TOLEDO, Ohio — A congressional candidate criticized for dressing in a Nazi uniform during World War II re-enactments is facing questions from his opponent about whether he is exaggerating his military service.
Republican Rich Iott is a colonel in the Ohio Military Reserve, a volunteer militia authorized by the state and overseen by the commander of the Ohio's national guard units.
The (Toledo) Blade reports that Iott says in a campaign mailer that his experience helps him understand "the sacrifices our men and women in uniform have made because he serves himself."
His opponent in the fall election, incumbent Democratic Rep. Marcy Kaptur, has said Iott is trying to mislead voters into believing that he is in the armed forces.
"He's not active military, he's not a veteran," Kaptur spokesman Steve Fought told The Associated Press on Wednesday.
Iott is proud of his 28 years of volunteering in Ohio Military Reserve and has never claimed to be a veteran, said campaign spokesman Matthew Parker.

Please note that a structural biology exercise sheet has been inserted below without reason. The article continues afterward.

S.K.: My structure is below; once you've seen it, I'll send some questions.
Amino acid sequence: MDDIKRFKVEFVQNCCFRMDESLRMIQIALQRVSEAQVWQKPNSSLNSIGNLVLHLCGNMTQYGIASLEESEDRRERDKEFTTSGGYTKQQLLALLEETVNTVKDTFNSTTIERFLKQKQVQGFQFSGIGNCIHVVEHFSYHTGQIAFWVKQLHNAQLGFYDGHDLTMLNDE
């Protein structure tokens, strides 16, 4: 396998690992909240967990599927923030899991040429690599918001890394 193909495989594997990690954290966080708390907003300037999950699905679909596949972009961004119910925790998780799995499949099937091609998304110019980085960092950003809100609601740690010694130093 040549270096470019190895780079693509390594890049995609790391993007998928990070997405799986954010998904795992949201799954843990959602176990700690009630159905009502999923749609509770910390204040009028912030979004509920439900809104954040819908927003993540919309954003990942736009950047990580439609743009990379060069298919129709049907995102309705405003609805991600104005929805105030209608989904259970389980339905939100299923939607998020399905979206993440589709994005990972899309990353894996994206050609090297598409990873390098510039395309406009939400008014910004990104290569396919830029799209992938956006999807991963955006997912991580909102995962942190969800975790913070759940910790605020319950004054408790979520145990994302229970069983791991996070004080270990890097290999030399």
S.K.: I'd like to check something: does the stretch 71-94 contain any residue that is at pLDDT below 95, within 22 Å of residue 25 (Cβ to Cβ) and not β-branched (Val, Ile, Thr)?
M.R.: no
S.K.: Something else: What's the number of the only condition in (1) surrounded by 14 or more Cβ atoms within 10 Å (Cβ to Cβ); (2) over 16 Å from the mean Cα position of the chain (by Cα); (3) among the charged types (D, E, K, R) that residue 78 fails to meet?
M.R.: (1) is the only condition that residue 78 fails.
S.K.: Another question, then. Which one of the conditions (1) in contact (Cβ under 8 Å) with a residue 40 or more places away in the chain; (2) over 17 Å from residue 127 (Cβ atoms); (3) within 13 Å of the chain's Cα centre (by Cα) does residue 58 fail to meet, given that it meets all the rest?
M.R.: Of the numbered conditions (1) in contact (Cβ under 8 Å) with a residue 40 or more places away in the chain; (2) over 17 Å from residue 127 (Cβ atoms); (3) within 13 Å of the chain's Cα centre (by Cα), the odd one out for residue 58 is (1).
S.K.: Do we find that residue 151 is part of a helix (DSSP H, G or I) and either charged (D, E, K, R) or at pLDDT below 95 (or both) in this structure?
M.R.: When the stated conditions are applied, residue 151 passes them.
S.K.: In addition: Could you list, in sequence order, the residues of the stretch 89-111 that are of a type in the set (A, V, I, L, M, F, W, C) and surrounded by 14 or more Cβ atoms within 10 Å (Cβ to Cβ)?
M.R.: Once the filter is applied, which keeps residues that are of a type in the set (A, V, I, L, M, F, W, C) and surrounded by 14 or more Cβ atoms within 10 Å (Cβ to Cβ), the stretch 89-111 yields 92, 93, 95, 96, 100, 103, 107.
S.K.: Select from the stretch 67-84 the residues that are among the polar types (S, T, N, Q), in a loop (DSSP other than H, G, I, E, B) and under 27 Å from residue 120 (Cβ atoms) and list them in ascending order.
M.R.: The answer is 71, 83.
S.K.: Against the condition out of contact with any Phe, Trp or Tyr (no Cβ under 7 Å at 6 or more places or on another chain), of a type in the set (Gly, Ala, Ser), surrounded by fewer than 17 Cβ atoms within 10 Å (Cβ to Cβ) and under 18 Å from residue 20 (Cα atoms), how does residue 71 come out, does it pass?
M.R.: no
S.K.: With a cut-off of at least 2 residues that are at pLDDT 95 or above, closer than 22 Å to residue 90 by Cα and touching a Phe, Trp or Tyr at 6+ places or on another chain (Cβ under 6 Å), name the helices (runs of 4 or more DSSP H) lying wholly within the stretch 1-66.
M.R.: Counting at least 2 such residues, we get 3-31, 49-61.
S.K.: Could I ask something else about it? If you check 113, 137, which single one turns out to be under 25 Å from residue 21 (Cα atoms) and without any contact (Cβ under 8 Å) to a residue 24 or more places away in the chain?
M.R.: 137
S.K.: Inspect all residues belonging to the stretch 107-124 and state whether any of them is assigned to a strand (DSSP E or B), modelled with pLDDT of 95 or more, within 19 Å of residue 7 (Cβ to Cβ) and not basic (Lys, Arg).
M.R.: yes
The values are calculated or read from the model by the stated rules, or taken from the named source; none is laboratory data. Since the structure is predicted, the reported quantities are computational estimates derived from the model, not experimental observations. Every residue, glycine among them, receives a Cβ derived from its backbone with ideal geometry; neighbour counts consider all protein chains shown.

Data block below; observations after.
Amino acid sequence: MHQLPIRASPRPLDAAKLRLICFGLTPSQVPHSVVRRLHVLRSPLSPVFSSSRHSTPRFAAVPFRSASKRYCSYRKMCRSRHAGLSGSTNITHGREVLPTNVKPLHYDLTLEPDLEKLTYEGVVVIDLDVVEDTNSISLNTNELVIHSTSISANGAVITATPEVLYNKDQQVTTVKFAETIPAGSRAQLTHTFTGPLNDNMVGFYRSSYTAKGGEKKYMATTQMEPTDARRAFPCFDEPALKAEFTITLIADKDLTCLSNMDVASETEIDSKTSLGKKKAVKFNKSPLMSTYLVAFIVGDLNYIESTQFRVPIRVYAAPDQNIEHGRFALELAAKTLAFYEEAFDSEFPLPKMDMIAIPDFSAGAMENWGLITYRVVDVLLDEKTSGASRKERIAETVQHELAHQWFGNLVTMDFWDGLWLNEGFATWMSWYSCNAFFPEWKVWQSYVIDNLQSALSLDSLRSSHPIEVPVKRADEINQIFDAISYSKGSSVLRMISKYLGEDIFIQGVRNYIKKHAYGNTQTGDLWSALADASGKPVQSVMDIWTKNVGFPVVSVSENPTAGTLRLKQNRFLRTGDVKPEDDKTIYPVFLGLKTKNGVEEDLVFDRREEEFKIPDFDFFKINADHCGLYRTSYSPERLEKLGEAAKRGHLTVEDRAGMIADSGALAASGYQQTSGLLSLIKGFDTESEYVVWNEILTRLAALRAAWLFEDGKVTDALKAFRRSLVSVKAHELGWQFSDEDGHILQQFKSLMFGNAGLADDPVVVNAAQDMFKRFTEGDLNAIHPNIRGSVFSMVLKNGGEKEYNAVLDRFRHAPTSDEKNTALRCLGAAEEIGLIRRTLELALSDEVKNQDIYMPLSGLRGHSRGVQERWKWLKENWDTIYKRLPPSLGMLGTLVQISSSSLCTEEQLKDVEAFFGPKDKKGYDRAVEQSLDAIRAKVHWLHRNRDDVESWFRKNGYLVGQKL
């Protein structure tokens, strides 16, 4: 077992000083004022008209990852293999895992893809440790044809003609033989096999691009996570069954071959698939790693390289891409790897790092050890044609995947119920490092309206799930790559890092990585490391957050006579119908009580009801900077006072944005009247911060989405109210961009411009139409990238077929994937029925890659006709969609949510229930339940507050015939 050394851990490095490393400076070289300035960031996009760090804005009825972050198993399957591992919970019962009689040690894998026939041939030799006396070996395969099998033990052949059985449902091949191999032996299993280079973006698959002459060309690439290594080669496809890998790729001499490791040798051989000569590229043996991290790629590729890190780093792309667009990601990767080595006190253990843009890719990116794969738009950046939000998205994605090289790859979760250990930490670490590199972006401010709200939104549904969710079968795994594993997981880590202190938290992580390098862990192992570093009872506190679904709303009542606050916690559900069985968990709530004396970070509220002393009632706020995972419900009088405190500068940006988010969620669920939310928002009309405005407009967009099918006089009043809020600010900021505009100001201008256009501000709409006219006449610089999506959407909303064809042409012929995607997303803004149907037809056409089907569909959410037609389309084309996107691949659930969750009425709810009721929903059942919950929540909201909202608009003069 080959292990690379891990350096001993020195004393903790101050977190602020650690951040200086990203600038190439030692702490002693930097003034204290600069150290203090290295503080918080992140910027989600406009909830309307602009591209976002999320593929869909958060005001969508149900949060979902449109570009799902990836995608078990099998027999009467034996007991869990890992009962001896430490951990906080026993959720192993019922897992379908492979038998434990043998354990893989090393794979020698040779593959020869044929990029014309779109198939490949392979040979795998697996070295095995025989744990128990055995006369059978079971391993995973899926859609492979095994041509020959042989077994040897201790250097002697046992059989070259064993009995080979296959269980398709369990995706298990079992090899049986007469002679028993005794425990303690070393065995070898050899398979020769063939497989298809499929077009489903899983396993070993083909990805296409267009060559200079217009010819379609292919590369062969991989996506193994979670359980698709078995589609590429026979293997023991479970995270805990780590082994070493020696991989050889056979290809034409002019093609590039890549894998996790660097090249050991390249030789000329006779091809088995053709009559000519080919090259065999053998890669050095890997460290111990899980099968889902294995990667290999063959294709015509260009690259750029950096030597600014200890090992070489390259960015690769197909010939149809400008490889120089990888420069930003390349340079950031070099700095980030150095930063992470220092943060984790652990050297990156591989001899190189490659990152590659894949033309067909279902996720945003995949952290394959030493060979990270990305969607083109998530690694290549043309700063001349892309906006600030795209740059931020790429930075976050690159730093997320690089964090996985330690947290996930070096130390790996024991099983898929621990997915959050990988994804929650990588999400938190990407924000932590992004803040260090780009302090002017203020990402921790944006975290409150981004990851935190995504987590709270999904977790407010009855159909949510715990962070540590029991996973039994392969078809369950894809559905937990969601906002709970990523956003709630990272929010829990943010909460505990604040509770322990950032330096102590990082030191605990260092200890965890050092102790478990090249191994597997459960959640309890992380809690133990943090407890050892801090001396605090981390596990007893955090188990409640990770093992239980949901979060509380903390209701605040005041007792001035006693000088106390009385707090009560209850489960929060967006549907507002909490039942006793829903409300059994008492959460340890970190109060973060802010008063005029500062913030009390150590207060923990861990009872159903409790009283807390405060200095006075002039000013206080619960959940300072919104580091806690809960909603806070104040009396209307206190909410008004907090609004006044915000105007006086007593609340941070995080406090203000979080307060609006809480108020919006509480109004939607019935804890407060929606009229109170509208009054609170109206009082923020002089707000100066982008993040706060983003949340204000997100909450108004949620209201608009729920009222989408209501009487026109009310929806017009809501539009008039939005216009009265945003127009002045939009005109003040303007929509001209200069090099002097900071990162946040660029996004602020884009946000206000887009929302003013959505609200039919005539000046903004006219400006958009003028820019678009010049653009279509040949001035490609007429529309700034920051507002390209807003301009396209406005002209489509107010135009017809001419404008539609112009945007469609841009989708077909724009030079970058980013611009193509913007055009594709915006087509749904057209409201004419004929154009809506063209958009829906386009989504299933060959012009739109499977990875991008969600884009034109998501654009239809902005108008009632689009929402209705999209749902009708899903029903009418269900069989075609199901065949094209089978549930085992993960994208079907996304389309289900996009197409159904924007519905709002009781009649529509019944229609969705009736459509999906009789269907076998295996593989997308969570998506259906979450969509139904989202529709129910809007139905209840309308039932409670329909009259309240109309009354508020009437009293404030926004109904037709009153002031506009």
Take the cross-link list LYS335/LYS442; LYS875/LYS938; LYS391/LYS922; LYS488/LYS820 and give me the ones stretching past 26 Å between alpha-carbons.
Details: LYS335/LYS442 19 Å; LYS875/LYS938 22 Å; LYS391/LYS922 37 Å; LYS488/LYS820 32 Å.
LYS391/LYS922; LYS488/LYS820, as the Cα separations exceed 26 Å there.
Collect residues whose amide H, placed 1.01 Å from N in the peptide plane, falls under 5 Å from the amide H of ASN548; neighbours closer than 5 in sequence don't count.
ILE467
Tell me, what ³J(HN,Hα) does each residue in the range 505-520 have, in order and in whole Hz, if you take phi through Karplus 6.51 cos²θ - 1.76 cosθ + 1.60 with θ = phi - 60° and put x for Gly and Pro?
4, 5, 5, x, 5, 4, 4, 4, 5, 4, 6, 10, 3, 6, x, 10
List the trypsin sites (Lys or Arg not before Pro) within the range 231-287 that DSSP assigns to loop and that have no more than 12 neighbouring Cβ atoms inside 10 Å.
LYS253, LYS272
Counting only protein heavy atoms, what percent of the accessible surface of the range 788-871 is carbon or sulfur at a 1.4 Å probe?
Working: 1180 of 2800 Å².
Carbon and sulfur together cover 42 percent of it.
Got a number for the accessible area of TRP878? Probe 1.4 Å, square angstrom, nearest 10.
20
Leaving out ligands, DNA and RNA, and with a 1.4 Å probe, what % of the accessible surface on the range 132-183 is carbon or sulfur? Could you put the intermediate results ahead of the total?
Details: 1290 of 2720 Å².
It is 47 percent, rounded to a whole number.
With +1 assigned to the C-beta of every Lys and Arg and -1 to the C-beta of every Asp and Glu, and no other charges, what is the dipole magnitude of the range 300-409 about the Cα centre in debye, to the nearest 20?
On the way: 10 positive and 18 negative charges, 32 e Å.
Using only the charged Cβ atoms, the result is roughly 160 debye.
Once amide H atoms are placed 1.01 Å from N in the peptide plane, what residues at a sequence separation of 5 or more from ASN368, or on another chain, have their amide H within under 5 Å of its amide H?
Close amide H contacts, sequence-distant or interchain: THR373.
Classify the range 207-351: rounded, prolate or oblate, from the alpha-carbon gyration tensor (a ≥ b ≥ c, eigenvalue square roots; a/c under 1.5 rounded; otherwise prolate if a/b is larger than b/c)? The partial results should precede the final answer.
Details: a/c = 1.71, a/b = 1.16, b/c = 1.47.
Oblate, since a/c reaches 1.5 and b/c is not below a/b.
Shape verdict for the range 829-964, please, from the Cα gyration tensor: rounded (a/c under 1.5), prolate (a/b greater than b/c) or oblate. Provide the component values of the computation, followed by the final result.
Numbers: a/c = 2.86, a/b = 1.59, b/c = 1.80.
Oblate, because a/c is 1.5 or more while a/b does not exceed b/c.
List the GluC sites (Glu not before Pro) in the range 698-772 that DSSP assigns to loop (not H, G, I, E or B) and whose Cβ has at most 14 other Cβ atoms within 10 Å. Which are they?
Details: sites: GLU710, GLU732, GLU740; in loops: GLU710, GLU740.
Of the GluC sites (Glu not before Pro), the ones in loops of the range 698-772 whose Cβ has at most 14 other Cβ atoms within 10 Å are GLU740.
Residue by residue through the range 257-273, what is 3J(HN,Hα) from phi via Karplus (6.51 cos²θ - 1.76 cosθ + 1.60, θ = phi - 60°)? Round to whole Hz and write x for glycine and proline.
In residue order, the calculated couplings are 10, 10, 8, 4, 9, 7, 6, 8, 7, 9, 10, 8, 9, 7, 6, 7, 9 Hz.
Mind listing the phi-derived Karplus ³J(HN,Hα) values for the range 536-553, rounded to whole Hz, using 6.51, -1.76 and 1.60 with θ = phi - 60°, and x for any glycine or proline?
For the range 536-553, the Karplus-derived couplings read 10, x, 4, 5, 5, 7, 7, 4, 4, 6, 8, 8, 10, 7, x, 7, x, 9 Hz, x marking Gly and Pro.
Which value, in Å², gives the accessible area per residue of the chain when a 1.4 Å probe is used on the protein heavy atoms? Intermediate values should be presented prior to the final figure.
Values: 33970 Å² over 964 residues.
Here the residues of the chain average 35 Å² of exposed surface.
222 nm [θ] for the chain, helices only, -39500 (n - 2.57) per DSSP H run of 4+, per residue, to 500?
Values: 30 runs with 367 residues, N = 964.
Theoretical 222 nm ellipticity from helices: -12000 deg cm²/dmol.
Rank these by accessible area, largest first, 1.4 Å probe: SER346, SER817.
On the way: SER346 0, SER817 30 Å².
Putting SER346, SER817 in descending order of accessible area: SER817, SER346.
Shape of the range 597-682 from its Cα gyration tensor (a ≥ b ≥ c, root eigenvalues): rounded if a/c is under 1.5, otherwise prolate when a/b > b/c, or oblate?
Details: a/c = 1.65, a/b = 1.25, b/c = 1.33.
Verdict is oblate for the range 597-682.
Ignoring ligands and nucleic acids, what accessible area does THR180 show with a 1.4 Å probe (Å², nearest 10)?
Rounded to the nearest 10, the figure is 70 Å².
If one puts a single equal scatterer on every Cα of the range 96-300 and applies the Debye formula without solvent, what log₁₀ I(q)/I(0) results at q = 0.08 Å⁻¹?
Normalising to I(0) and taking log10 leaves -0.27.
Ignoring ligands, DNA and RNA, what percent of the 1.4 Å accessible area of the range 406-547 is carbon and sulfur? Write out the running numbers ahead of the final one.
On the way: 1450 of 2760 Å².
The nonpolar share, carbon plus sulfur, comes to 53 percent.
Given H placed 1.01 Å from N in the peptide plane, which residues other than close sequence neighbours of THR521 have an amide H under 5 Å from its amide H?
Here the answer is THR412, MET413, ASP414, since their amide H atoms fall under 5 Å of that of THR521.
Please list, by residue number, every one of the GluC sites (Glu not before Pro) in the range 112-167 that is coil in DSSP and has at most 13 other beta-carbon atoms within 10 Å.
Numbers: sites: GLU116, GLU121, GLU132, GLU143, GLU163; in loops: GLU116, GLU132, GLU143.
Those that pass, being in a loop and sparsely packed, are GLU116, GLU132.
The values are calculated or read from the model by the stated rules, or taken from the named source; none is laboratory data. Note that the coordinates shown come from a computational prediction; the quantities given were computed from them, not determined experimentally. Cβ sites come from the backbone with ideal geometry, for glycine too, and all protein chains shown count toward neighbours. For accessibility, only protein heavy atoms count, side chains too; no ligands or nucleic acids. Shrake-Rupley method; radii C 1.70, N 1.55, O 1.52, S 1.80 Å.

Kaptur's criticism of his service "shows she's devoid of any ideas and can't run on her record," he said.
Parker said Iott's militia service is only a small part of his campaign and that he is focused on creating jobs, reducing the deficit and lowering taxes.
The Ohio Military Reserve is an official state militia and can be asked by the governor to help during natural disasters or other emergencies within the state. The group can't be called up for national defense duty like the national guard or Marine and Army Reserves.
Units are trained in medical support, shelter management and logistical support. Members no longer take part in weapons training, which was phased out about 10 years ago, said Charles Brown, an assistant chief of staff with the reserve.
Little was known about Iott up until less than two weeks ago when photos surfaced of him wearing a Nazi uniform while participating in World War II re-enactments.
Iott said he took part in the historical re-enactments to educate the public, and did not agree with the Nazis' views or their actions against Jews.
The House Republicans' No. 2 leader, Eric Cantor of Virginia, said he would not support someone who would dress in Nazi attire.